Few days are better than Rakhi to talk about the bond, or whomever it may be. Not only does this day signify the delicate yet strong bond between brothers and sisters, it also has a deep historical connection with Hindu-Muslim unity.
Some see it as a religious tradition, some, as a secular, cultural event. There are many Muslims who celebrate the symbolic and otherwise aspect of it with all zeal and enthusiasm while others tend to stay away on religious guidelines, as they understand them. However, every single Muslim celebrates graciously the values and the emotions attached to it. So the answer to the question “Do Muslims celebrate Rakhi” is that every Muslim does. Just that some do it with the tying of Rakhi and others without it.
However, before we talk about Rakhi in the context of Muslims, let’s know about Rakhi. The symbolism of Rakhi is the tying of the Rakhi thread on the wrist as a form of ritual protection. Generally, it is by sisters to brothers, but it is also tied by individuals to their benefactors.
Rakhi has a lot of legends and historical events attached to it. There’s a legend of the fight between Indra and demon king Bali before which Indra’s wife tied Rakhi on his hand for his protection, which he won. There’s also a legend which says Vishnu’s wife, Goddess Lakshmi, not liking his staying in Bali’s palace, tied a Rakhi on Bali’s hand making him a brother to her and asking that he, taking back his request to Vishnu to stay in his palace, lets Vishnu go. Bali complied with it.
In history, we find the Alexander the Great and King Porus part which reads that Alexander’s wife sent Rakhi to King Porus requesting that he keeps from harming her husband, which he did. Probably the most popular is when Rabindranath Tagore asked the Indians during Bengal Partition to tie Rakhis on each other’s hands to signify Hindu-Muslim unity.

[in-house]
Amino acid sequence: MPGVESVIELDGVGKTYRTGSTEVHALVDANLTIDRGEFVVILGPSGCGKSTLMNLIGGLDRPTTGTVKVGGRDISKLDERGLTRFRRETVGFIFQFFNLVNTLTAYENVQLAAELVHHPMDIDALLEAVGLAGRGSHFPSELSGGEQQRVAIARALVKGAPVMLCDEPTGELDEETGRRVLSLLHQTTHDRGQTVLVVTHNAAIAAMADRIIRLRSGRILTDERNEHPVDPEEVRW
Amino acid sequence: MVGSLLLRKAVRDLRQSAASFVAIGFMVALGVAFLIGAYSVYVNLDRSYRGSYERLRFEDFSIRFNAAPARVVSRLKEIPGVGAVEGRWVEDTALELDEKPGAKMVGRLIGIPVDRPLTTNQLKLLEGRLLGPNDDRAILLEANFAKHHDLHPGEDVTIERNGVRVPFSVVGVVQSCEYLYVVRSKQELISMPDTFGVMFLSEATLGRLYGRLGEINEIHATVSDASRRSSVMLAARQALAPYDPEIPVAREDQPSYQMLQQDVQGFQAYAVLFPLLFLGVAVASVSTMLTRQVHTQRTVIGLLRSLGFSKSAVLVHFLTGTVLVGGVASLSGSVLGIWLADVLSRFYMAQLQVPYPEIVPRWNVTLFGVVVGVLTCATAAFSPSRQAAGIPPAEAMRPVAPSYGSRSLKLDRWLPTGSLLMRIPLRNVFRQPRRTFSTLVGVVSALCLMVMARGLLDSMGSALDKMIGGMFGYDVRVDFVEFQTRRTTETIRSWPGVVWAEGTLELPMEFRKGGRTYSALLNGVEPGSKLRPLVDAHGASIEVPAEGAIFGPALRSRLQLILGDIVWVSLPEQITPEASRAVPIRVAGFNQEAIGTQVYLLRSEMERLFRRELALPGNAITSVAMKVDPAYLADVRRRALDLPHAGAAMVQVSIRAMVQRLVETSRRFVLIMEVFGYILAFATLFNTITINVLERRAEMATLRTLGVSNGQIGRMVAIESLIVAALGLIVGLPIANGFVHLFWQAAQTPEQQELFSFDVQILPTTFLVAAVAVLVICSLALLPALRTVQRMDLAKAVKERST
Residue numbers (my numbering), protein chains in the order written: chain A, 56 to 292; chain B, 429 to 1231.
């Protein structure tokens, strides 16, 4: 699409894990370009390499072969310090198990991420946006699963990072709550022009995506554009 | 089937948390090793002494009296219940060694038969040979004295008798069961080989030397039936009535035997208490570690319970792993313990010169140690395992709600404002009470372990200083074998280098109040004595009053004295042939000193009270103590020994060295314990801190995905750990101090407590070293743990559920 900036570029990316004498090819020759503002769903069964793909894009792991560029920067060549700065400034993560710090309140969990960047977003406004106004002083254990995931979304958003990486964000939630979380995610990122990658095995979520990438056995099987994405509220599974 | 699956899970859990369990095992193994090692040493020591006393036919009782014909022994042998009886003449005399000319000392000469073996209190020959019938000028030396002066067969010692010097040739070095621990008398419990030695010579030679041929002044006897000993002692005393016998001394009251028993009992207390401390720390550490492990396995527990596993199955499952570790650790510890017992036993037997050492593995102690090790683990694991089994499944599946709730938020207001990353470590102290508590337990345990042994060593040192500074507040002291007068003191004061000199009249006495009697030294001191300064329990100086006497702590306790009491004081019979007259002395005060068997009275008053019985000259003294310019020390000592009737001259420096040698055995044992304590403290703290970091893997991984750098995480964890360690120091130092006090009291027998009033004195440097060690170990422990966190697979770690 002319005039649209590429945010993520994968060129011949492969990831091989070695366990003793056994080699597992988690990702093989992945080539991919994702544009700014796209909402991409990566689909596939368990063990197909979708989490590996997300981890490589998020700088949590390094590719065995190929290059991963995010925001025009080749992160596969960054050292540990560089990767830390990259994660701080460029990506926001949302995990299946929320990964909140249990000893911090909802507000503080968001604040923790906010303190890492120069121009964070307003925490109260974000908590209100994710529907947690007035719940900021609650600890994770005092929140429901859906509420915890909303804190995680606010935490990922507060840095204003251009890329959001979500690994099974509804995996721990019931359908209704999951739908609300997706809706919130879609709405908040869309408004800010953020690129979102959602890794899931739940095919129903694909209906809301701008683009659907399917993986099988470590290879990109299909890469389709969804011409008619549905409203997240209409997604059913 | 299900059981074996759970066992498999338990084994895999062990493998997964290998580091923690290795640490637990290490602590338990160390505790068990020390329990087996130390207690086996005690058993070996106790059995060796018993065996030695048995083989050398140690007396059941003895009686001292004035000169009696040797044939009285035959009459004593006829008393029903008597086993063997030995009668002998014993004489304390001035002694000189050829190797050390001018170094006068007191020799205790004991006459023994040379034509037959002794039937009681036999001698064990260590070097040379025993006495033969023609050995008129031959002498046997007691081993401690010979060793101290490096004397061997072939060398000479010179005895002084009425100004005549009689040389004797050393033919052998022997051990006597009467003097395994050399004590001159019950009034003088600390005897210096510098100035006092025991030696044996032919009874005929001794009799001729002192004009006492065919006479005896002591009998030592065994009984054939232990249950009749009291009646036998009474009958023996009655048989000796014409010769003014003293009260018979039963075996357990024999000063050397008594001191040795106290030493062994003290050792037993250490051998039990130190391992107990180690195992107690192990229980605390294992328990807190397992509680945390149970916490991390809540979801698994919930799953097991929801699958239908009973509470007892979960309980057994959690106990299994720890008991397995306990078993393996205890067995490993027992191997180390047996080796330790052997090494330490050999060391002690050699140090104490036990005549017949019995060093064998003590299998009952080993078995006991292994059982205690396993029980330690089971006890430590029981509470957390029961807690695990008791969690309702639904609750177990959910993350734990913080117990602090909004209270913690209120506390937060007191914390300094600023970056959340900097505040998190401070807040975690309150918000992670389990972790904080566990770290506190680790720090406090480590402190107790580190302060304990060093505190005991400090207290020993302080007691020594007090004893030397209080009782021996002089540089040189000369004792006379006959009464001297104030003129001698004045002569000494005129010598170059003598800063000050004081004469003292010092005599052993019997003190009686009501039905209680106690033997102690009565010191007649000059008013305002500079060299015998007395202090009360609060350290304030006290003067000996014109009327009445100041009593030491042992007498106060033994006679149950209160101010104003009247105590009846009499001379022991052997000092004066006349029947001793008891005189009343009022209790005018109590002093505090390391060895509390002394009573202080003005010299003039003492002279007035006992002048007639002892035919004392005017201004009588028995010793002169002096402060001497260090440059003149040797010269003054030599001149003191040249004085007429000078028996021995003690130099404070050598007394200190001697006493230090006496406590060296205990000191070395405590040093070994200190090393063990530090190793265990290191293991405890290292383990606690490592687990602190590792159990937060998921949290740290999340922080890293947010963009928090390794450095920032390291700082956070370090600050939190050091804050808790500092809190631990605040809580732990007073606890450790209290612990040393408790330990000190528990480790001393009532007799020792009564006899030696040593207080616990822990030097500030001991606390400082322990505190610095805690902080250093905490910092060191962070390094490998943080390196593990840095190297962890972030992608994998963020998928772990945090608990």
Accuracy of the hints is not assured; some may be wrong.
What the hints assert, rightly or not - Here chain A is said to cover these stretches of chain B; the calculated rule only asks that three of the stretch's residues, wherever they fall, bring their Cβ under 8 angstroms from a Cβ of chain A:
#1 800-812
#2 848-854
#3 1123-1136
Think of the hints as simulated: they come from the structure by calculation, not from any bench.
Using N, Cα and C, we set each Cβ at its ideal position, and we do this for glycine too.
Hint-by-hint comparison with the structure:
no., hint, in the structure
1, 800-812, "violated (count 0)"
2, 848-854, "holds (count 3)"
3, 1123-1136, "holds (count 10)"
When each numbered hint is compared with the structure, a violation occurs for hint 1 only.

Now let’s come back to Rakhi in the context of Muslims. There have been popular cases of Muslims upholding the dignity of Rakhi. Rani Karnavati sent Rakhi to Emperor Humayun asking for protection and he did accept the responsibility and went for her protection. There’s the example of Rani Laxmi Bai sending Rakhi to Nawab of the dominion of Banda Ali Bahadur, asking for protection from the British.
As I’ve already mentioned, Muslims celebrate Rakhi both with and without Rakhi. The same way Eid namaz is different from sewain, tying of Rakhi is different from the promises that come with it. Some Hindus may love to pray, others will respect the prayers and enjoy the sewain. Both the groups try to celebrate this lovely message according to their own interpretation of their religion, and both are right in that regard.
In my opinion, whichever way you celebrate it, the most important thing is upholding the values, the dignity, the message this festival contains which is the message of love. Of unity. Of brotherhood. Of protection. Of an unbreakable, ever-strong bond. I say let each day come with the message of Rakhi, and let each day keep strengthening the Hindu-Muslim bond, let each day give the message of Ganga-Jamuni tehzeeb.